Buprenorphine Side Effects and Addiction
Burprenorphine is an approved ingredient in two formulations, Subutex and Suboxone, which are both used in opiate addiction therapy. Suboxone is an approved opioid medication that aids in the treatment of opiate addictions. It contains a combination of buprenorphine and naloxone. Buprenorphine is an opioid medication that is similar to other opioids (morphine, codeine, heroin). However, it produces a less euphoric effect, which makes it easier to discontinue use. Buprenorphine is a partial opioid agonist, which means its effects are limited compared to drugs like oxycodone or heroin because they are full opioid agonists. Suboxone (buprenorphine hydrochloride and naloxone hydrochloride) is used in the maintenance stage of opiate addiction. Today, buprenorphine is the only drug that can be prescribed in a physician’s office to treat opiate addiction. While most commonly used to treat addiction to heroin, buprenorphine can be used to treat addiction to any type of opiate, including oxycodones such as OxyContin and Percocet.
Suboxone also contains naloxone; which is an opioid antagonist. The naloxone is used to discourage users from abusing Suboxone. If injected, the naloxone will reach the bloodstream and cause the user to almost immediately go into withdrawal. However, when Suboxone is placed under the tongue (as directed), very little naloxone reaches the bloodstream. Therefore, the patient only feels the effects of buprenorphine.
Suboxone is beneficial to the patient because it reduces opioid use and helps patients stay in treatment by suppressing symptoms of opioid withdrawal and decreases cravings for opioids. Suboxone is a highly dependent drug; therefore, withdrawal symptoms may occur if you stop taking the medication too quickly.
The Drug Addiction Treatment Act of 2000 (DATA 2000) made is possible for physicians to legally treat patients with opioid addictions with the aid of buprenorphine. The SAMHSA Sponsored Buprenorphine Physician Clinical Support System (PCSS) is a network of trained physicians who are trained in buprenorphine and help practicing physicians incorporate buprenorphine into their treatment plans for those who have opioid addictions. Physicians also must agree to refer patients for drug addiction counseling. Physicians prescribing buprenorphine therapy must maintain a log of all patients using Subutex and Suboxone and record the medication that has been prescribed to them. The medical records of these patients are subject to periodic DEA and FDA review.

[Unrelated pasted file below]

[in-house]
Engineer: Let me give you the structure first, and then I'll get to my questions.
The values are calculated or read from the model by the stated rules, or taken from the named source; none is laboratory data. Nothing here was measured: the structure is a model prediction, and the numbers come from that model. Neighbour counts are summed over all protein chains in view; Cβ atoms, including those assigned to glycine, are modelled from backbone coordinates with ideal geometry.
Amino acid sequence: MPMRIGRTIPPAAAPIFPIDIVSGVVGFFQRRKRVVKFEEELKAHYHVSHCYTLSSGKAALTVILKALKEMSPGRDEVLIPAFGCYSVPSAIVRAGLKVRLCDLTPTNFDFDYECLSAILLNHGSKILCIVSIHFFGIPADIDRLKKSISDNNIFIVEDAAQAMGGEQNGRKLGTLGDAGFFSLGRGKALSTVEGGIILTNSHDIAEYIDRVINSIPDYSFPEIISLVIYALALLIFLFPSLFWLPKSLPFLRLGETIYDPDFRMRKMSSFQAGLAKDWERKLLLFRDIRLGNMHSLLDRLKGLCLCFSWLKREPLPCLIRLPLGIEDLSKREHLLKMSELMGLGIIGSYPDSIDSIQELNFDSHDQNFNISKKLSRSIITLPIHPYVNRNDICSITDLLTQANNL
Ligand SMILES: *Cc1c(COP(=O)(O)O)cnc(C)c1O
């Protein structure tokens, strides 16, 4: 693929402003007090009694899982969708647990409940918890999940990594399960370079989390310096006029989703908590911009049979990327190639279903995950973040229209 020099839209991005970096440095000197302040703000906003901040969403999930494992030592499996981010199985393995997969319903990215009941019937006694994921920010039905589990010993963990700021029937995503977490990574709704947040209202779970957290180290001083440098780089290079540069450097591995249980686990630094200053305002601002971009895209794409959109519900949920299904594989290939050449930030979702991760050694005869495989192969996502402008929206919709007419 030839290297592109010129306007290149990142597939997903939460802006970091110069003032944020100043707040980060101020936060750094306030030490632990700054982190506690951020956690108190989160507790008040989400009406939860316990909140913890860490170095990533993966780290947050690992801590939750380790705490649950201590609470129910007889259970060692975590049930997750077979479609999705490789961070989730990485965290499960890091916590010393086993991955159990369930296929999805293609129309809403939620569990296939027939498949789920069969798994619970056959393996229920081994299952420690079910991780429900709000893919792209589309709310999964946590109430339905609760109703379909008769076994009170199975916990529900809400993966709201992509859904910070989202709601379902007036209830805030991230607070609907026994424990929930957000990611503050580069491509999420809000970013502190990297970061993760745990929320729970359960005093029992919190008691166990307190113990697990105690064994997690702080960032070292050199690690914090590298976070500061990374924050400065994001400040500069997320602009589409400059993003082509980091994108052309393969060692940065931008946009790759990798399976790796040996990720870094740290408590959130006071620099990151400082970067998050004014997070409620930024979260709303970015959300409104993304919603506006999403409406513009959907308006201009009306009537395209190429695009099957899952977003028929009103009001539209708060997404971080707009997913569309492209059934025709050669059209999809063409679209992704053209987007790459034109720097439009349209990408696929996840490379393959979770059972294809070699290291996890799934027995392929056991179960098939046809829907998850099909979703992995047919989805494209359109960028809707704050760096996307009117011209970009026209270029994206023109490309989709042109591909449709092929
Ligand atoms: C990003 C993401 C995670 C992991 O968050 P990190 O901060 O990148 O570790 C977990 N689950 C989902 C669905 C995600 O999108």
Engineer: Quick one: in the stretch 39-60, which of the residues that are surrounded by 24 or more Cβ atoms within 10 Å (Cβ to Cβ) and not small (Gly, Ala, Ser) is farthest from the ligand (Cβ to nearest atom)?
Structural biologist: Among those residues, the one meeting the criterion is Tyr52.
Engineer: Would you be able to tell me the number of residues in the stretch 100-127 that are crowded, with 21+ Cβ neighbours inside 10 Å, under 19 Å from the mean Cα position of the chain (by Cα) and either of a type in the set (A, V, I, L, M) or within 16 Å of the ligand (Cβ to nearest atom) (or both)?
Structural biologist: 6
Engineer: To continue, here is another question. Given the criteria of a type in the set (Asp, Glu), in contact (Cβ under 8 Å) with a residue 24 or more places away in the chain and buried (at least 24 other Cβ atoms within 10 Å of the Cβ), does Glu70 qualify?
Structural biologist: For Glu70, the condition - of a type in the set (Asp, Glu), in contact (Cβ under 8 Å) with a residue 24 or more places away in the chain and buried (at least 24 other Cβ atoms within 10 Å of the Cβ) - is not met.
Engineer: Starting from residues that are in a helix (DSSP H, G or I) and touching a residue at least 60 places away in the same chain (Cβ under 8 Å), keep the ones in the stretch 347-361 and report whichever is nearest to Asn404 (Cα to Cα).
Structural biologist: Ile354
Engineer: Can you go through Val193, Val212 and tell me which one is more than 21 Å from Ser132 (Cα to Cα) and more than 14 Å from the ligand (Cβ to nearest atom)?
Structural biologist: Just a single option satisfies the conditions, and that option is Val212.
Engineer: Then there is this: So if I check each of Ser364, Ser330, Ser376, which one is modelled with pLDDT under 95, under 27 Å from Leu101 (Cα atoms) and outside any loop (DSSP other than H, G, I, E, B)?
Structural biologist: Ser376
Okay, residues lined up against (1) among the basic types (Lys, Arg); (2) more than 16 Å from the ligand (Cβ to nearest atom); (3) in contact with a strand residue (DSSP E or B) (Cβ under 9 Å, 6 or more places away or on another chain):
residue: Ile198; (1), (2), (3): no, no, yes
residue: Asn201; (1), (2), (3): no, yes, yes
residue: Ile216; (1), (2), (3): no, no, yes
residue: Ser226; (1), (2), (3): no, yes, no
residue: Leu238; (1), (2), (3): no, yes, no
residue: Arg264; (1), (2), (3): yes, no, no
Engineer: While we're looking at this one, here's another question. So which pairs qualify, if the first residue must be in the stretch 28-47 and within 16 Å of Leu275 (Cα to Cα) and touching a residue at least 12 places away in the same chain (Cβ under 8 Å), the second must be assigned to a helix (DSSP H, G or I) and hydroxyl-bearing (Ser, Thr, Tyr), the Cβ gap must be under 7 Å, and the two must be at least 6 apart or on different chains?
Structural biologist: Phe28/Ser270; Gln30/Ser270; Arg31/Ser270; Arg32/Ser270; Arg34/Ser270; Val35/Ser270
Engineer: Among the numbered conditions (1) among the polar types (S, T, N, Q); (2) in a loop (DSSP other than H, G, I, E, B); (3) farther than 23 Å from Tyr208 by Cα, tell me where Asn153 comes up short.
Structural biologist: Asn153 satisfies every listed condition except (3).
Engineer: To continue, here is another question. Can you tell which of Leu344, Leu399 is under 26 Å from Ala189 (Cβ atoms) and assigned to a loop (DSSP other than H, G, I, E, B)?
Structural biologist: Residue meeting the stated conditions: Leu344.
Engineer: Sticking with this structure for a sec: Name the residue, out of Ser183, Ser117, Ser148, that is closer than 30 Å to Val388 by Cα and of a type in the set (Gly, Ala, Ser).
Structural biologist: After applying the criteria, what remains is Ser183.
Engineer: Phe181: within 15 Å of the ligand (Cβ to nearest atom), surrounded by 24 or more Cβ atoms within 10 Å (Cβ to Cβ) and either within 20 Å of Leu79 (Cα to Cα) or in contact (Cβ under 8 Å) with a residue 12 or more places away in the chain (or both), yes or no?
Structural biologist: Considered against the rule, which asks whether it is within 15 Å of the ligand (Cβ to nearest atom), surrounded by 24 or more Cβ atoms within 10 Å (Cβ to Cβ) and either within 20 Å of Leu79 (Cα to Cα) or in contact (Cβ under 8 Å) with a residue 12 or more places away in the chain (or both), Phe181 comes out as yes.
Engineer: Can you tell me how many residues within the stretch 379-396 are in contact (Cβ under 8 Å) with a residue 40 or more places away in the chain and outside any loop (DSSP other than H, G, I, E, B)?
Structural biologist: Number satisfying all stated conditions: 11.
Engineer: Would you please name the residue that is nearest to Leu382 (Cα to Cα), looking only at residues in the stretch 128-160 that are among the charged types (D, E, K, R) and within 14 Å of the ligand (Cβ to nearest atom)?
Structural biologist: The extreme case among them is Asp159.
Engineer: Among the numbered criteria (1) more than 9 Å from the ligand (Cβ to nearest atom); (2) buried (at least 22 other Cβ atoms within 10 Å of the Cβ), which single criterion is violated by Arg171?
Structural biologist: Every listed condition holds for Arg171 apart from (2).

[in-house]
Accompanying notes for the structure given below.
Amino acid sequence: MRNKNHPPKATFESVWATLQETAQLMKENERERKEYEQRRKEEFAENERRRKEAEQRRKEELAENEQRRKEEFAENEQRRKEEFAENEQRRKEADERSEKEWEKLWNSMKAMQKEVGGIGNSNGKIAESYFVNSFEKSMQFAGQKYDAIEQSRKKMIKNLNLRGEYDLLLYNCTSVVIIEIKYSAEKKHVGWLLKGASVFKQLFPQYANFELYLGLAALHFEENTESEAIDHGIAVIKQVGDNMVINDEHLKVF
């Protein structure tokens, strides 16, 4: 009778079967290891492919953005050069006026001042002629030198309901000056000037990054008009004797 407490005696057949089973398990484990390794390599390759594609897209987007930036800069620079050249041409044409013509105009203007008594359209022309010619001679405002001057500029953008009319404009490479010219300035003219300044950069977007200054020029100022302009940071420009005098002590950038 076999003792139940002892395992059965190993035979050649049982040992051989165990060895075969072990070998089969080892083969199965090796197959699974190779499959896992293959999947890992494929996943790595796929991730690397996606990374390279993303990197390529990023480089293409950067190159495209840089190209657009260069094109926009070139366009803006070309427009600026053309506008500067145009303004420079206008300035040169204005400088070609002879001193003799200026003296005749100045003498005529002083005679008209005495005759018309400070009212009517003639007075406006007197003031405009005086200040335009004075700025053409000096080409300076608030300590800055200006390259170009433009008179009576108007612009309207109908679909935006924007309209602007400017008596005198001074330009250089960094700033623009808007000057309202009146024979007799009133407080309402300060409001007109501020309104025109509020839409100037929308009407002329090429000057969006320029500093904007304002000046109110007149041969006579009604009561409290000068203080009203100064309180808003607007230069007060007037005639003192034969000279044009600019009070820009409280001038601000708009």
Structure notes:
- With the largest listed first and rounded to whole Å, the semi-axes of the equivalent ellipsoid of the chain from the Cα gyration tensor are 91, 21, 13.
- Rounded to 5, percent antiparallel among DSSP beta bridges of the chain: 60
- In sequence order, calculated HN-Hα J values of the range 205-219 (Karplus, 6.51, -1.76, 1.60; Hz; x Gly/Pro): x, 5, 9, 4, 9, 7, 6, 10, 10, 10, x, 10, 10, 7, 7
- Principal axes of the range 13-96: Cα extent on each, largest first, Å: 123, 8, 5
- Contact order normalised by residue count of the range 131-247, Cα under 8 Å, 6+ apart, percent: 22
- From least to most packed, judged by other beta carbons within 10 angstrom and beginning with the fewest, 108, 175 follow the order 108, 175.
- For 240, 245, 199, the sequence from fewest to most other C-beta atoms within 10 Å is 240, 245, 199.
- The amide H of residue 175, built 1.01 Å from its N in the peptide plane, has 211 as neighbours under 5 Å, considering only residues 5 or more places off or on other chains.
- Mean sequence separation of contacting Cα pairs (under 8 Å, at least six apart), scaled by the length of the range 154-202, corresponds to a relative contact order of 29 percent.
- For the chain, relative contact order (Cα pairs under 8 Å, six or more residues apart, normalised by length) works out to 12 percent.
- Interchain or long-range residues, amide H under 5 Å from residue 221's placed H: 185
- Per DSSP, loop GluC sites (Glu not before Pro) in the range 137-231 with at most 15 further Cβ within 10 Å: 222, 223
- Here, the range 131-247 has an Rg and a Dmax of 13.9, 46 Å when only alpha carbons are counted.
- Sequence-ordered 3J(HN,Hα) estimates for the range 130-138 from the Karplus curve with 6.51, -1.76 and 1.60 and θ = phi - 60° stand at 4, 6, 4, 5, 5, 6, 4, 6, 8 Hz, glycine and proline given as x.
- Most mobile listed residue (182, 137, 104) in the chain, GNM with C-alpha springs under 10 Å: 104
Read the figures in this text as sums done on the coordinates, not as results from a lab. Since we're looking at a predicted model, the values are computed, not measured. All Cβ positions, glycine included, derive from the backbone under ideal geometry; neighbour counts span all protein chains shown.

Certification to prescribe Buprenorphine is composed of more than 1,700 physicians or group practices in the United States. As of now, physicians currently are only allowed to prescribe Suboxone to 30 patients at any given time. The 30-patient limit also applies to group practices. However, Congress is considering the Drug Addiction Treatment Expansion Act of 2003. This legislation, if passed, will amend DATA 2000 by lifting the 30-patient limit imposed on group practices and allowing each physician in a group practice to prescribe buprenorphine to 30 patients.
Buprenorphine alone would be a highly dependent drug because it is an opioid medication similar to many other ones; however, the “high” is not quite as intense as other drugs (heroin and morphine). Within Suboxone, buprenorphine works with the naloxone which discourages abuse because if it is injected into the bloodstream, it causes immediate withdrawal effects.